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Estonia Tallinn

Search Masters Programs in Interior Architecture 2019/2020 in Tallinn in Estonia

A masters is awarded to students who have completed postgraduate level study in a specific field of study or area of professional practice while demonstrating a high level of mastery during the process.

Interior architecture pertains to modifications done inside a space. It is closely related to interior design in that it deals with the aesthetics, but has a higher degree of involvement dealing with changes that alter the actual structure of the building.

 

Estonia is among other things known for its forests (they make up almost half of the territory) and for being the only country in Europe with almost total 4G network coverage. Estonia provides high-level and internationally recognized education, and many universities in the country offer degree programs in English.

Tallinn is the capital city of Estonia and the largest in the country. It has over 400,000 residents. Tallinn city has 2 major universities and over 5 minor institutions of higher learning and sciences.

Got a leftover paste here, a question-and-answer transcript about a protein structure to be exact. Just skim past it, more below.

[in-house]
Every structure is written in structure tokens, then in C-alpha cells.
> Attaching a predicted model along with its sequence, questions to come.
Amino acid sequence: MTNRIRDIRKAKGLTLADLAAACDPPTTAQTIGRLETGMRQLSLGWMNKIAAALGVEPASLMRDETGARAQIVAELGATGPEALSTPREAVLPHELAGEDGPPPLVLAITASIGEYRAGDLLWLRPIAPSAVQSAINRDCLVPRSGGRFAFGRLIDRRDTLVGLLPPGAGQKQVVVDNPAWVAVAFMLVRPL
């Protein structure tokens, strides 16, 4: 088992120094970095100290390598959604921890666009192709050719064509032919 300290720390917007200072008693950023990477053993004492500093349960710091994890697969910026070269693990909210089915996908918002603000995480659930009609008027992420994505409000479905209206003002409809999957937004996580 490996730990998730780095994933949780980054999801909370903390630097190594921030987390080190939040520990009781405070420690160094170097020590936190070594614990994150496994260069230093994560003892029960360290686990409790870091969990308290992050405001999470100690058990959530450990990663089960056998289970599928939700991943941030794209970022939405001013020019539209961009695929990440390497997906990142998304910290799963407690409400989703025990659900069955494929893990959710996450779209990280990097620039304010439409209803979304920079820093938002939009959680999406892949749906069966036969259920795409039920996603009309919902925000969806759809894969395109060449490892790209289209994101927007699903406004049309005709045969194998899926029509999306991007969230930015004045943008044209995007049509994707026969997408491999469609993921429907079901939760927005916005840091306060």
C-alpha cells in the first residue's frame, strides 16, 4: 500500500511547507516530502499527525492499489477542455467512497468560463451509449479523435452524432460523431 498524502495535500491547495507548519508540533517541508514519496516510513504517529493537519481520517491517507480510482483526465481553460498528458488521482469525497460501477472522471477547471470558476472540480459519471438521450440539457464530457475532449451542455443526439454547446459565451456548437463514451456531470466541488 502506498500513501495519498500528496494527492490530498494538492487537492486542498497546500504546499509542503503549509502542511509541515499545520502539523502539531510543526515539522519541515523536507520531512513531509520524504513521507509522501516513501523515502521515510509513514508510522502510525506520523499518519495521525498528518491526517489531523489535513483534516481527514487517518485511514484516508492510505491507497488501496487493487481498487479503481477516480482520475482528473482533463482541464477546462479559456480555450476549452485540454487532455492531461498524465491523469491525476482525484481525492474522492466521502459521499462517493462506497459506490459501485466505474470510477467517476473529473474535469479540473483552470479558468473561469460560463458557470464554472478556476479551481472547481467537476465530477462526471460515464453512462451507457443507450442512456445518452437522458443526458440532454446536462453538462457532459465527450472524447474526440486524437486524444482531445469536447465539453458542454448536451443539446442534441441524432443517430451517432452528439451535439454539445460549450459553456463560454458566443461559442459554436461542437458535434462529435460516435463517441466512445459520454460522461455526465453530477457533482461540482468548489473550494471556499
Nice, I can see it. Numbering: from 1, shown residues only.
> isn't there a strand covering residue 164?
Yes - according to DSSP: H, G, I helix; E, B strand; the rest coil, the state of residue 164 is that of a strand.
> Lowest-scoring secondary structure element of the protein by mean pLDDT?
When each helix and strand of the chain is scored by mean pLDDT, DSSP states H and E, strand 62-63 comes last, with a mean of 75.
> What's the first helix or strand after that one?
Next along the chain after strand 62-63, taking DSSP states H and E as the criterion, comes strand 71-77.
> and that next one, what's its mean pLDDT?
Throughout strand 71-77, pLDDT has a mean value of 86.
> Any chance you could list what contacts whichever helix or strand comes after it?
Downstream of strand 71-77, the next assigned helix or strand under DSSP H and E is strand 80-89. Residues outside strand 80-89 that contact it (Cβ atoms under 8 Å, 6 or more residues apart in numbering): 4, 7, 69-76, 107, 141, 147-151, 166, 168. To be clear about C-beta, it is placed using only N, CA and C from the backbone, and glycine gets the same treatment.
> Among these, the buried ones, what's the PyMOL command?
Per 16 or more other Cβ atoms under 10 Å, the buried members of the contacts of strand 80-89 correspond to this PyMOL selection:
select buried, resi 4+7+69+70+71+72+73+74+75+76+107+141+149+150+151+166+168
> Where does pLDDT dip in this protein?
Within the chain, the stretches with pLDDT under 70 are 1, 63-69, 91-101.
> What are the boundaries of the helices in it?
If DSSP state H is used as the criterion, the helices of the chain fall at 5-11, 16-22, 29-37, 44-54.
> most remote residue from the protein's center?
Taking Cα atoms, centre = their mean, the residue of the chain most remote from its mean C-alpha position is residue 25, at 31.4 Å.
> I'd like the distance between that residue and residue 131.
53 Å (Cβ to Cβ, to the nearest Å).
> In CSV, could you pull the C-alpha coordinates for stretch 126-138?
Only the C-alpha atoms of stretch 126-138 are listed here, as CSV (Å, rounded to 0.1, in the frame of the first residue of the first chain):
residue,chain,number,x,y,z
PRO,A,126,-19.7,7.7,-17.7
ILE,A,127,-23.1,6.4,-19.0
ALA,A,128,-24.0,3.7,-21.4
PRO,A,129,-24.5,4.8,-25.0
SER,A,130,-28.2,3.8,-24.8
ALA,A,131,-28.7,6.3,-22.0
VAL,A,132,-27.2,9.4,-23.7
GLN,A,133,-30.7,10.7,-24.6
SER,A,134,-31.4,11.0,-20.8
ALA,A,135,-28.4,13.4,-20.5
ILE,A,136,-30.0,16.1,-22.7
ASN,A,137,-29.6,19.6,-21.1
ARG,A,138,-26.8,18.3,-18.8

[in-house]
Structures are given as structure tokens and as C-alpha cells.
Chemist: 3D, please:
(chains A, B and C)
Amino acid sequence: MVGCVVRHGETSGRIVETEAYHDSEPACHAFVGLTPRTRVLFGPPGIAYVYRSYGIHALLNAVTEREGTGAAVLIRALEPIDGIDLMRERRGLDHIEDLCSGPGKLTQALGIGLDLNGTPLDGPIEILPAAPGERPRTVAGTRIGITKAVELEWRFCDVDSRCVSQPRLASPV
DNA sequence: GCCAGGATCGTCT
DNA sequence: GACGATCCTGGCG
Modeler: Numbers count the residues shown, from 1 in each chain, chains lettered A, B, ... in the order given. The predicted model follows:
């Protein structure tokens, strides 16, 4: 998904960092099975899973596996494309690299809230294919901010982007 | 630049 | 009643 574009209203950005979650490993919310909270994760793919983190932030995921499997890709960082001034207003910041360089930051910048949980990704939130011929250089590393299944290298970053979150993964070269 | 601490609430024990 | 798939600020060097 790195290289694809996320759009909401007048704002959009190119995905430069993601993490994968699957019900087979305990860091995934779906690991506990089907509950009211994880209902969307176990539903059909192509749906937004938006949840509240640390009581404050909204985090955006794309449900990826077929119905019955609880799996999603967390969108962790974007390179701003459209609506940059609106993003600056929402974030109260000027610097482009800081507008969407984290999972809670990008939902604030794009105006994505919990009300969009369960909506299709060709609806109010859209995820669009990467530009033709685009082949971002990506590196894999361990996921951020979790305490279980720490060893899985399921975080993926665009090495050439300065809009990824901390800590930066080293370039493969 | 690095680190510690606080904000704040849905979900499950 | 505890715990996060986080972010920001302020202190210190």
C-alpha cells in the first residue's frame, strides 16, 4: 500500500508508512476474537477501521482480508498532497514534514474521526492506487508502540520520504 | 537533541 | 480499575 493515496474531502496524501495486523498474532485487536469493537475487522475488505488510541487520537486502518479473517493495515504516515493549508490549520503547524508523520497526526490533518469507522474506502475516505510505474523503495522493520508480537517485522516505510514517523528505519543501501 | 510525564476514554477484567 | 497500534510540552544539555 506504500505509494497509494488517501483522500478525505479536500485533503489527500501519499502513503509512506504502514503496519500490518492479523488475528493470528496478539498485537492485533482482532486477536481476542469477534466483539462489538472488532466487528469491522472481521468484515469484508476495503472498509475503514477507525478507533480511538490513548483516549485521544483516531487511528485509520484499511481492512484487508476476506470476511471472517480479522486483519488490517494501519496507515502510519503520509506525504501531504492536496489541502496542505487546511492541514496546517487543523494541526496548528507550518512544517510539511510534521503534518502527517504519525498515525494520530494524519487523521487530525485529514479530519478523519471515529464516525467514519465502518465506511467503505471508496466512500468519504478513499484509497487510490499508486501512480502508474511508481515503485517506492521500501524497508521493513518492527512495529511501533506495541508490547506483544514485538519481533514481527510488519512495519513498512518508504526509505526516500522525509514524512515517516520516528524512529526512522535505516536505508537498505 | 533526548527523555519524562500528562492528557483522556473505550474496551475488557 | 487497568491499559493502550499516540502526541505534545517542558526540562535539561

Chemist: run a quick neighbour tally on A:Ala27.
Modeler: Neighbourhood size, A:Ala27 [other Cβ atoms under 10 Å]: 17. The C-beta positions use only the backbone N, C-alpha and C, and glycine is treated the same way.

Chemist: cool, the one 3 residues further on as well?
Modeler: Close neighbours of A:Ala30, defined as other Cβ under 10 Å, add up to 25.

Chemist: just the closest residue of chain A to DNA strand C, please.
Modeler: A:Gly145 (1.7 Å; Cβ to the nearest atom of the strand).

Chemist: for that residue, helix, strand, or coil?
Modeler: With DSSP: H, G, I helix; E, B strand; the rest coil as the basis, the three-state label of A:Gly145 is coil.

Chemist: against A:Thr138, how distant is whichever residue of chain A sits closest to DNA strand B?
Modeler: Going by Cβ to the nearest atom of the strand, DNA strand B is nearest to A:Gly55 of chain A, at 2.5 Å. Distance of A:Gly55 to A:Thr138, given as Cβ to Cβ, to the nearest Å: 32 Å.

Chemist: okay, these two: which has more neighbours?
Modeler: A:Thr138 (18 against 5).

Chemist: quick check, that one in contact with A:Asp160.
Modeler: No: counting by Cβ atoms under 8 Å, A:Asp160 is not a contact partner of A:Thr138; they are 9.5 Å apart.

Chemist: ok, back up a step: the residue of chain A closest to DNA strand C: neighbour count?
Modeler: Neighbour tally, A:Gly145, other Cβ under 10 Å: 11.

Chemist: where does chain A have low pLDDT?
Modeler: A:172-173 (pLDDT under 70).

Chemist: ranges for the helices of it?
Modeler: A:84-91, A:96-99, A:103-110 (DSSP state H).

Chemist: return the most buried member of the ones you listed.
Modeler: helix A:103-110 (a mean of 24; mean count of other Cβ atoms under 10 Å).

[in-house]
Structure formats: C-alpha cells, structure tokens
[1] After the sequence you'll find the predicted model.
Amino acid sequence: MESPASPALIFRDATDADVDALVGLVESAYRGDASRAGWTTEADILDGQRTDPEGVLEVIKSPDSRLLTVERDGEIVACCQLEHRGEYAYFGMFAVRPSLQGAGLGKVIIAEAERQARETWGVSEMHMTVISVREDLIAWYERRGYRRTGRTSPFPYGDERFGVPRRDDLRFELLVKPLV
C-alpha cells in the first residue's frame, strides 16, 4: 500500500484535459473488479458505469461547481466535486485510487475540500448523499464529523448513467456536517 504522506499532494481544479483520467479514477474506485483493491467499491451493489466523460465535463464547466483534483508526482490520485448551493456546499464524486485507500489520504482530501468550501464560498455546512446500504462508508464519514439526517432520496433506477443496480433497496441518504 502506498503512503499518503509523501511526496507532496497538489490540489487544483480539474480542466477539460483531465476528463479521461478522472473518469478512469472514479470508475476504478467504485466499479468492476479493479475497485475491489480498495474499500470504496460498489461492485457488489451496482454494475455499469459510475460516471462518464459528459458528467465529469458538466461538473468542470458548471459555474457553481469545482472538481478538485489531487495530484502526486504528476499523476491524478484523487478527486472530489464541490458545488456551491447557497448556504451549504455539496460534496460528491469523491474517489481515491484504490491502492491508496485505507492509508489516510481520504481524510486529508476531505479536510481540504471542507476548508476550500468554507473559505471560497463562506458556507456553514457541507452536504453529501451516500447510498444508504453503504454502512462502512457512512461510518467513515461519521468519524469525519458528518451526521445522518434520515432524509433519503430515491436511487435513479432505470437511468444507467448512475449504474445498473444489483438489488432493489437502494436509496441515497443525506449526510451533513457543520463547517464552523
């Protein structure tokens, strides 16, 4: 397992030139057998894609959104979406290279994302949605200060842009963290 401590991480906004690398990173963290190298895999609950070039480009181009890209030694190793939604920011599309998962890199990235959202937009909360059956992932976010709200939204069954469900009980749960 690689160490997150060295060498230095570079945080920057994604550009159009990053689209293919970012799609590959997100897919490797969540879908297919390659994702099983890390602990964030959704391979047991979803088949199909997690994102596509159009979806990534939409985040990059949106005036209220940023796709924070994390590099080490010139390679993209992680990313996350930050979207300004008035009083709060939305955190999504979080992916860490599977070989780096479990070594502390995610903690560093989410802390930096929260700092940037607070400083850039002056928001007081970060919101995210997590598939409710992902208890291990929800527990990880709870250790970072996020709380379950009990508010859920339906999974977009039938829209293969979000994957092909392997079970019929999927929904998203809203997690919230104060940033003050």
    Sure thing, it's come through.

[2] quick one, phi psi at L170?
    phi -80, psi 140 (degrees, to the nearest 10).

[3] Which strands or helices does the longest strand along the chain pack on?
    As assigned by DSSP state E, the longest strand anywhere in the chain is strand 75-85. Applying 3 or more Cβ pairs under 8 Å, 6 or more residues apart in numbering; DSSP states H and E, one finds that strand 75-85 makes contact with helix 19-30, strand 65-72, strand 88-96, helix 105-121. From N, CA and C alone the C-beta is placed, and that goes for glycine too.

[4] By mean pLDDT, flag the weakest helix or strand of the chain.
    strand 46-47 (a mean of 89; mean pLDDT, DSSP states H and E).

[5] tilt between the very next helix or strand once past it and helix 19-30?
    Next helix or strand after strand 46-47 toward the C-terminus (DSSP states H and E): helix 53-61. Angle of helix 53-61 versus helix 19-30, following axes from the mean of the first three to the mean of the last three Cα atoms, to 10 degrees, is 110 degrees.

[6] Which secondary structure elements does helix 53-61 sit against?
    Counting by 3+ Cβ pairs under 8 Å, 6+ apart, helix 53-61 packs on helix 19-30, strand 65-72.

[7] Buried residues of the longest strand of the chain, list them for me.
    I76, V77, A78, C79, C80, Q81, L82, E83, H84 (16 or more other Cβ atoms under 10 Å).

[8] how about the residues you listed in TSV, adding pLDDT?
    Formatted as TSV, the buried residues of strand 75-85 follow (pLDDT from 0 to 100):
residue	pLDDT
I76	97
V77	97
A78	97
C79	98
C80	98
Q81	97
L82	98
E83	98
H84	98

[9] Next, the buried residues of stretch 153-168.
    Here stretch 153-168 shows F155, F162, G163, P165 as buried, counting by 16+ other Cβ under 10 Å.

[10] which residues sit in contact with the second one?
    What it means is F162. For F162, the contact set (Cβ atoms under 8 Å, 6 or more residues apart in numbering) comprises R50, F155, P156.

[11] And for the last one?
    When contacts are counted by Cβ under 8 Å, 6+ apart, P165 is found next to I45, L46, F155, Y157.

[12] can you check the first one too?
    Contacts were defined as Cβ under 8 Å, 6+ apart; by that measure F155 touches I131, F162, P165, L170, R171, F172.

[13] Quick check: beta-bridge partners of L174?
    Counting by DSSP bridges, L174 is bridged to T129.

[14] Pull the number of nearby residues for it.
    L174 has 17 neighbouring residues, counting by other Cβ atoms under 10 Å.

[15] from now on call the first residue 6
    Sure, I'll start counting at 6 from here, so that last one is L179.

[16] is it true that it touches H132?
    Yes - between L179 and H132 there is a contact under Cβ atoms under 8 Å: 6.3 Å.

Request Information Master's Degrees in Interior Architecture in Tallinn in Estonia 2019/2020

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1 Results in Interior Architecture, Tallinn

Degrees
Location
Estonia
Tallinn
Study type
Pace
Estonian Academy of Arts

We educate future interior architects. The programme provides the skills to analyse critically, develop and experiment with the different aspects of spatial environment c ... [+]

The contemporary world is characterised by complexity and rapid change, affecting also the profession of interior architects and spatial designers. The Master's programme in Interior Architecture is based on the principle that a set of design skills, in the narrow sense of the term, is not sufficient for interior architects to be successful in their profession. They also need to understand the broader context and be able to adjust their solutions to changing situations.

Our curriculum is divided into two main segments:

The first (so-called ‘hi-tech’) segment deals with the interaction between spaces and people, and the ways high technology and smart materials help improve that interaction. The second (so-called ‘low-tech’) segment is based on the notion that if we have good knowledge of our surrounding, broader contexts (such as climate, nature, economy and culture) and their interrelationship, rich imagination and primitive materials are all we need to create fresh, quality spaces.... [-]

Estonia Tallinn
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Full-time
2 years
Campus